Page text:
Jim Yong Kim, the president of the World Bank, is worried about a lack of volunteers willing to go to West Africa: "Right now, I’m very much worried about where we will find those health-care workers. With the fear factor going out of control in so many places, I hope health-care professionals will understand that when they took their oath to become a health-care worker it was precisely for moments like this." More from FP’s Francis here.

Kim added that 5,000 additional medial workers are needed. More from the Associated Press, here.

And finally on Ebola, a reminder that American lives are on the line: CNN reports that 30 additional soldiers returning from their mission in West Africa are now in quarantine. More from CNN here.

In the Middle East, the seesaw battle for Kobani continues. Despite U.S. air support, the Islamic State’s siege of the Turkish border town continued Tuesday. Now, Iraqi Peshmerga fighters are on their way to the city, which has become a bellwether of the success of the fight against the Islamic State.

From Isabel Coles and Dasha Afanasieva for Reuters: "The Islamic State (IS) has threatened to massacre Kobani’s defenders in an assault which has sent almost 200,000 Syrian Kurds fleeing to Turkey, and triggered a call to arms from Kurds across the region." More here.

From the Telegraph, Colin Freeman on Turkey setting conditions for helping the West in Kobani crisis in Syria. Turkish Prime Minister Ahmet Davutoglu said that Turkey would help only if Syrian rebel groups were armed, not Kurdish fighters belonging to the Kurdistan Workers’ Party. More here. 

Germany’s Deutsche Welle reports Lebanese Prime Minister Tammam Salam asked the German government for more financial assistance to deal with 619,000 Syrian refugees. Germany has committed half a billion euros to Syrian refugee relief. German Foreign Minister Frank-Walter Steinmeier wouldn’t commit to spending more without proof that the money was being spent "effectively and more sustainably." More here.

Also from Germany, this time from der Spiegel: An interview with an Islamic State recruiter. "We are following Allah’s word. We believe that humanity’s only duty is to honor Allah and his prophet Muhammad, peace be upon him. We are implementing what is written in the Koran." More here.

Yesterday, I referred to the Iraqi Yazidi population as Christian. I apologize for this mischaracterization; their religion combines elements of Christianity along with many other sets of beliefs. Thanks for keeping me honest, and please keep the feedback coming.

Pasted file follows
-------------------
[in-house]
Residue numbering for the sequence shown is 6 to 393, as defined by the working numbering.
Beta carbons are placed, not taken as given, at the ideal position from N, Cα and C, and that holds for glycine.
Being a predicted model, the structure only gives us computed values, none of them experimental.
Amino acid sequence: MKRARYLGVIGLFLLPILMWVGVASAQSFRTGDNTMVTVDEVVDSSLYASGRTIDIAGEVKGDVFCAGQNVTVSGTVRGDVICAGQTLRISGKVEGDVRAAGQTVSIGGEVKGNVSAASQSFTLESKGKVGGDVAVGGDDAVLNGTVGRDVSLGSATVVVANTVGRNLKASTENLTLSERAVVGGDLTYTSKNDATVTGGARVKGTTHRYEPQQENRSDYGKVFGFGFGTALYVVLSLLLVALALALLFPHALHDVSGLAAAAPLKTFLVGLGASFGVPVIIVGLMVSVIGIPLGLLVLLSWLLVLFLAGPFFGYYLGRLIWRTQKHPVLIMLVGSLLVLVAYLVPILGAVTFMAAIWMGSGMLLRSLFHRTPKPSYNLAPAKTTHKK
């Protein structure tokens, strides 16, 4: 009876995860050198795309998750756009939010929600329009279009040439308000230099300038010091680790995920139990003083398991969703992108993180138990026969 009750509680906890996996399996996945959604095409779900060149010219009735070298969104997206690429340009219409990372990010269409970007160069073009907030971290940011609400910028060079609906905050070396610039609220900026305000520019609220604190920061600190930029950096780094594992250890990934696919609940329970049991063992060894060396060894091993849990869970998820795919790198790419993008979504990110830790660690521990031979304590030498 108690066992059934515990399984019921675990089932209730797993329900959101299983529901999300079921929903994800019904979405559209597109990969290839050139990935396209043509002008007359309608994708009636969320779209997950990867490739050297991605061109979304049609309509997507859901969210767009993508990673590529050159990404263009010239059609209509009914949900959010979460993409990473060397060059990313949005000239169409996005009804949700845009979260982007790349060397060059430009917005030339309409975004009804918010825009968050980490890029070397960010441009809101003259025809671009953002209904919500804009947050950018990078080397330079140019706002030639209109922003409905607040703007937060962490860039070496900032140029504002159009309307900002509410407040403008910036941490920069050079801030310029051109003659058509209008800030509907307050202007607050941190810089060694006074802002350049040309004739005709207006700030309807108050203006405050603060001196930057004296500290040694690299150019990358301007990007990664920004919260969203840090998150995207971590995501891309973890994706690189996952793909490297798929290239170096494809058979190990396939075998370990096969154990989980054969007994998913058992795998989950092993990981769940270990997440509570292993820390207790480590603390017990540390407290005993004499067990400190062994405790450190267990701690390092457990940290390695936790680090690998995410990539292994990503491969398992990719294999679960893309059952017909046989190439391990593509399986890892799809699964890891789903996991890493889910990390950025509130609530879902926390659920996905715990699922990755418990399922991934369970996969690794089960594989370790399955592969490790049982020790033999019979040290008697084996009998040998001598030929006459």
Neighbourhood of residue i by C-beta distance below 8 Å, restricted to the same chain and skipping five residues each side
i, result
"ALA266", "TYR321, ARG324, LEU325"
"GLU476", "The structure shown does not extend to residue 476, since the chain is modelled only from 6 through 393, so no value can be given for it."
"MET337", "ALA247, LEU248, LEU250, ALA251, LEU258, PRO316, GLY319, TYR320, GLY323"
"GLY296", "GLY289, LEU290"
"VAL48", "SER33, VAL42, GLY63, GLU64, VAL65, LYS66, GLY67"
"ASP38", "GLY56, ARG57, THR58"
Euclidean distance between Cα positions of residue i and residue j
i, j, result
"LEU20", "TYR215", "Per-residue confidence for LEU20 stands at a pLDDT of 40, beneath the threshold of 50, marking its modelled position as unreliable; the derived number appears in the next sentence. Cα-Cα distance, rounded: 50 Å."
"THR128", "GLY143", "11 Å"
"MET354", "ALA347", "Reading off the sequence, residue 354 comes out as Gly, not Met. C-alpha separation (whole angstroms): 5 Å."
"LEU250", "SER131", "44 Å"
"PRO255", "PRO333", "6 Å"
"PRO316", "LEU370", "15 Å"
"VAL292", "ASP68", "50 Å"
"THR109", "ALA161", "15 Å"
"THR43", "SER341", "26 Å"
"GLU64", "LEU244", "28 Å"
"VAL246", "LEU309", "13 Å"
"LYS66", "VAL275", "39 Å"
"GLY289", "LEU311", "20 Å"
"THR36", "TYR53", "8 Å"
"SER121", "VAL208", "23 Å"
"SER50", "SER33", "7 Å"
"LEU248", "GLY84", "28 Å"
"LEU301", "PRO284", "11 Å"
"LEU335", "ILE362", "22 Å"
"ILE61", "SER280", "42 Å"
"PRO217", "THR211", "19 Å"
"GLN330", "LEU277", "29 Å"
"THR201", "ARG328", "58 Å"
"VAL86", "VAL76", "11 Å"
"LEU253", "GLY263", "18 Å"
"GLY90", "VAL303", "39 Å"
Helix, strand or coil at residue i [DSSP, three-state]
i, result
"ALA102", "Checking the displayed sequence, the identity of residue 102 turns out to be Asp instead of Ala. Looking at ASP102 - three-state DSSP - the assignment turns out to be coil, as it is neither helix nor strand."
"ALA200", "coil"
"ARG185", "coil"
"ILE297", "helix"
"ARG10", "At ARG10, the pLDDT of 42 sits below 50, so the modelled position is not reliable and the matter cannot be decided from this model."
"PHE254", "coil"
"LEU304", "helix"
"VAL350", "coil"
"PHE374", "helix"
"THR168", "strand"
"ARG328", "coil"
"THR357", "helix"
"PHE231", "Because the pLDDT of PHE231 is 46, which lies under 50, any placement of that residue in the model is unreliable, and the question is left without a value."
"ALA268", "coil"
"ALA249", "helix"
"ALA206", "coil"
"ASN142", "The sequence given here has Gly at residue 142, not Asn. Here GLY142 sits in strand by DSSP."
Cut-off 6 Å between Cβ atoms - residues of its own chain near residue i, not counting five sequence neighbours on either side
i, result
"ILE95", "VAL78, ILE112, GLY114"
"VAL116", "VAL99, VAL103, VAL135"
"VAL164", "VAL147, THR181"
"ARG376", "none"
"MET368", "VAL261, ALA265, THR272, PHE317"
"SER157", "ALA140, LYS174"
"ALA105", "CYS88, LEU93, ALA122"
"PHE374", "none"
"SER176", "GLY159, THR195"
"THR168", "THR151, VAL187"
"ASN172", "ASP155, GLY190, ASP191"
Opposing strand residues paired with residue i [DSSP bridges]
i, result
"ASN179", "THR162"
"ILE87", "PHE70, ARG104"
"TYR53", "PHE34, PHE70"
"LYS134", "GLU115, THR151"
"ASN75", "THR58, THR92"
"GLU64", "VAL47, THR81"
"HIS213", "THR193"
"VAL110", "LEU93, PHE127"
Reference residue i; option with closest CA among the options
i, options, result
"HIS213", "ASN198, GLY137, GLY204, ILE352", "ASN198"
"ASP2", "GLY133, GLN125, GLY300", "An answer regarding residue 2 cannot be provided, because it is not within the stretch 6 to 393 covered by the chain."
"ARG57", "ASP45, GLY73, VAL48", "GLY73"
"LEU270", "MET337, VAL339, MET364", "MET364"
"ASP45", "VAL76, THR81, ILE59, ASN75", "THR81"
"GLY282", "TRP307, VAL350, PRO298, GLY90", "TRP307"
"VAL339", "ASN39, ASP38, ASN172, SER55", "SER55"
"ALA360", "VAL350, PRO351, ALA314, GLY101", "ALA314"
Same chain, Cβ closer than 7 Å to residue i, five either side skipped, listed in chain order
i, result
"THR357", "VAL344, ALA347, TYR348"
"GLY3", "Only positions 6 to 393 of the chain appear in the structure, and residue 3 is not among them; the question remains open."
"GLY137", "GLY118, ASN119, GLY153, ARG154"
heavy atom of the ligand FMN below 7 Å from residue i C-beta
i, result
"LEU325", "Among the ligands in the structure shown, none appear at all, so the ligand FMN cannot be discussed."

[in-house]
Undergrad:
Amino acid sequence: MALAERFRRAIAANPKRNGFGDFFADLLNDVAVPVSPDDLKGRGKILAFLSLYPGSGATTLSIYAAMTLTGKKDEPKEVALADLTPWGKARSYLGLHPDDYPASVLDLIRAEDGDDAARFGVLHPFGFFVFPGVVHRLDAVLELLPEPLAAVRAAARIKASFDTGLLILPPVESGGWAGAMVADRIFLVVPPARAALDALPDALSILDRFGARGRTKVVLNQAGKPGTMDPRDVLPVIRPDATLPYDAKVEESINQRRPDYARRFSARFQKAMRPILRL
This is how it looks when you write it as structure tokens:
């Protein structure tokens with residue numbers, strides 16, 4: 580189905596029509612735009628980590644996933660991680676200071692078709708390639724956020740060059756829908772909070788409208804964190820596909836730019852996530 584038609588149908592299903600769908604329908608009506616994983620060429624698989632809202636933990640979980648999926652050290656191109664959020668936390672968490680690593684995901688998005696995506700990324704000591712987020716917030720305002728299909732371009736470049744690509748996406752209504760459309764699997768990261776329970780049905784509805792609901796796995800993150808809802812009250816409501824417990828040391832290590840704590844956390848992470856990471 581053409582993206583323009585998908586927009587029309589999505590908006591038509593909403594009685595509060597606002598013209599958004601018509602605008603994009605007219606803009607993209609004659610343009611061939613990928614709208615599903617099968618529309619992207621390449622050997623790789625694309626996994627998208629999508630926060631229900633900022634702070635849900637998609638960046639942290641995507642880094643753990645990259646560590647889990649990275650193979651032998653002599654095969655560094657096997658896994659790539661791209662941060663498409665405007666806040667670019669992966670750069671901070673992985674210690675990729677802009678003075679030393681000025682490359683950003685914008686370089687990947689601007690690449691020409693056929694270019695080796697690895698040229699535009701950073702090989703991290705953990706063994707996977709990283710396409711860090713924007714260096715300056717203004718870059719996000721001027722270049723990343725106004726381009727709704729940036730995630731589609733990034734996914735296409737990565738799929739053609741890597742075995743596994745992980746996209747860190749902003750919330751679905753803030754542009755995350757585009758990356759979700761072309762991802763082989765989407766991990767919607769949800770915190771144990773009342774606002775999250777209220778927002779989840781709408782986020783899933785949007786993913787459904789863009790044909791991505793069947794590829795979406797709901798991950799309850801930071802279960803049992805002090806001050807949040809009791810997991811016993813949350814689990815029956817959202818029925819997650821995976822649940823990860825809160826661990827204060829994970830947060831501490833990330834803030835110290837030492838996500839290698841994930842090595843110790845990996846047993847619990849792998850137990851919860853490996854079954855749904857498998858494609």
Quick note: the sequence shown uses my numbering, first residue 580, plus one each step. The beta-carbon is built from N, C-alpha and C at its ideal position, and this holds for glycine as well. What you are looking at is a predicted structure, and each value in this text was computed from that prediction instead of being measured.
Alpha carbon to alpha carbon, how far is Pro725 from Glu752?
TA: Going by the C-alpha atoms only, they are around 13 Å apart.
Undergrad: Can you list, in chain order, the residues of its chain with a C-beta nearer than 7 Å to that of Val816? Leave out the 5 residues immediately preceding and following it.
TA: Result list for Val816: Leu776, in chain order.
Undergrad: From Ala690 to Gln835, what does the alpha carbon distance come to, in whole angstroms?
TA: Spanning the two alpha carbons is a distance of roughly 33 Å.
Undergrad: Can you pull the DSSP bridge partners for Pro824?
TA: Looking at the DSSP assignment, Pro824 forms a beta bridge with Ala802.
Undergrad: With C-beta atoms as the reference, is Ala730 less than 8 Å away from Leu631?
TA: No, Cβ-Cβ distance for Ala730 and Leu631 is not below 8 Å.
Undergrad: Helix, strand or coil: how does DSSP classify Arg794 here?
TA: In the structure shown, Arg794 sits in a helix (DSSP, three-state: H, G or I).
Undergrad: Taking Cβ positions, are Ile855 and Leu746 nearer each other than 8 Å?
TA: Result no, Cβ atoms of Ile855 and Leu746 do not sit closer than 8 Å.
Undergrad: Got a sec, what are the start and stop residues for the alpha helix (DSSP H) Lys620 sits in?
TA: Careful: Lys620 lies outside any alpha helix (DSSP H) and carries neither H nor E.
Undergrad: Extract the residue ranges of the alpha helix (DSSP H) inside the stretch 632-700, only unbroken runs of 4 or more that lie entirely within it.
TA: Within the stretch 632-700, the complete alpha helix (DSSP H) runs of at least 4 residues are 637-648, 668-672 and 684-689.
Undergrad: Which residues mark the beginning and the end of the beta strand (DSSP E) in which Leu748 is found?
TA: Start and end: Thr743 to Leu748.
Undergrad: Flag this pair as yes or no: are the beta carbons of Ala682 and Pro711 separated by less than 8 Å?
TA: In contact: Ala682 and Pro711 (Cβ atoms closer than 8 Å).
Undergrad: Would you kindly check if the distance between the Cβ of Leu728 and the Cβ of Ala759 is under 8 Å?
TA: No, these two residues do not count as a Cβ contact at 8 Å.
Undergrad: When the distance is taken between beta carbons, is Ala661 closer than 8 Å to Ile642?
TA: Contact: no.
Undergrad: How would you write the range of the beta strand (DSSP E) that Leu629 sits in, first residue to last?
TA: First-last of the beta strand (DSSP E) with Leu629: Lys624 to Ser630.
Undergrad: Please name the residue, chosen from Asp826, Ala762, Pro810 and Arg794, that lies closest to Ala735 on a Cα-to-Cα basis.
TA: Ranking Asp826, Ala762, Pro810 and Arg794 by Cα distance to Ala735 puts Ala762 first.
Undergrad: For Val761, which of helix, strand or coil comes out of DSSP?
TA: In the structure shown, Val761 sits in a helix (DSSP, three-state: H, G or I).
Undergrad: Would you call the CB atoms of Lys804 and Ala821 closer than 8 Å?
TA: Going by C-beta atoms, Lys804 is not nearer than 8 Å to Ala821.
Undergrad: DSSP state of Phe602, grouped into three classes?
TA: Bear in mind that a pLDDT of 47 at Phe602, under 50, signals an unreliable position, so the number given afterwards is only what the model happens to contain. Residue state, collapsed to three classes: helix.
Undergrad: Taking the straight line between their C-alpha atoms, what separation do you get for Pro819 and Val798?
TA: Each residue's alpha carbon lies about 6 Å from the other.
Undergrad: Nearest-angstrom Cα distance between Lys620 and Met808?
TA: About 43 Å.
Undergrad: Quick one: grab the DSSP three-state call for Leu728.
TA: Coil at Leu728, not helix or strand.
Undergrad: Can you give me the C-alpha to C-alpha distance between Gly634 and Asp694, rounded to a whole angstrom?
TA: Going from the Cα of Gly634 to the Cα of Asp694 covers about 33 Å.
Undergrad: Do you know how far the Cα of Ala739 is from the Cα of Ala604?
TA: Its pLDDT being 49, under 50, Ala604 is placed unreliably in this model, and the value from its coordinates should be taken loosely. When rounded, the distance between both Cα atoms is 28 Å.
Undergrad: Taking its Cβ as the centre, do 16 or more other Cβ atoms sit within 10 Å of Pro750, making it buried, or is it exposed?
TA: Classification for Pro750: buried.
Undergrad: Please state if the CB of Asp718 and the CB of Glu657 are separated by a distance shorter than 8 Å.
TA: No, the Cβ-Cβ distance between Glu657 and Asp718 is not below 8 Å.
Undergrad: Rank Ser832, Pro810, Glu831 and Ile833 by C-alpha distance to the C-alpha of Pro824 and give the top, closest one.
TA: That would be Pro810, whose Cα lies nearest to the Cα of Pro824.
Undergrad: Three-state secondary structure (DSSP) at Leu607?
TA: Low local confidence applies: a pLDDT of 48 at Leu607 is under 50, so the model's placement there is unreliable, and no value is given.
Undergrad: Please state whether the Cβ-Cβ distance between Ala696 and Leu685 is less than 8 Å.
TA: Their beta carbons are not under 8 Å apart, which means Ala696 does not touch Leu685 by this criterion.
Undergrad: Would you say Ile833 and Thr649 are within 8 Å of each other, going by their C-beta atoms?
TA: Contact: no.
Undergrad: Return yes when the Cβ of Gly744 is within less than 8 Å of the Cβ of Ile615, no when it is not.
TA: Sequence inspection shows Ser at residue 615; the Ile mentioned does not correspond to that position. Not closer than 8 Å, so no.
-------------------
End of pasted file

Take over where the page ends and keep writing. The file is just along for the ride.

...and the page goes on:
As the November 24 deadline for a nuclear deal between Iran and the West looms, numerous factors are conspiring to put pressure on Tehran. Tanking oil prices and the economic sanctions are hurting Iran’s economy, upping the pressure on Iranian President Hassan Rouhani to make a deal. Obama administration officials are hinting that a deal could be close, but any deal could sink relations between the United States and Israel even lower while infuriating Congress. 

From The New York Times’ Thomas Erdbrink, in Tehran: "Iranian officials will never admit that either sanctions or low oil prices have any effect on their bargaining position in the nuclear talks. Yet, for a country that by some estimates needs an oil price of more than $140 a barrel to balance its budget, the roughly 25 percent drop in oil prices to around $80 a barrel since last summer has to be deeply concerning." More here.

However, according to the Fars News Agency, Iran isn’t ready to budge. "We frankly announce that the world should not think that we have closed our eyes waiting for the negotiations to bear results, we have planned and prepared ourselves for more difficult conditions," said Iranian First Vice-President Eshaq Jahangiri yesterday. More here.

Complicating any deal is the American Congress and U.S. ties with Israel. Obama is already angling to avoid Congress, which would have to act to remove economic sanctions against Iran.

From Seth Lipsky, writing in Haaretz: "Obama clash with Republican Senate over Iran would be epic." More here.

Over at The Atlantic, Jeffrey Goldberg argues that we’ve arrived at a make-or-break moment for Israel and the United State. "By next year, the Obama administration may actually withdraw diplomatic cover for Israel at the United Nations, but even before that, both sides are expecting a showdown over Iran, should an agreement be reached about the future of its nuclear program." More here.

 

Welcome to Wednesday’s edition of the Situation Report. If you’d like to be one of our subscribers, we’d love to have you. Send me a note at david.francis@foreignpolicy.com and we’ll sign you up. Like what you see? Tell a friend. And if you have a report you want teased, a piece of news, or a good tidbit, you, send it to me early. Follow me: @davidcfrancis.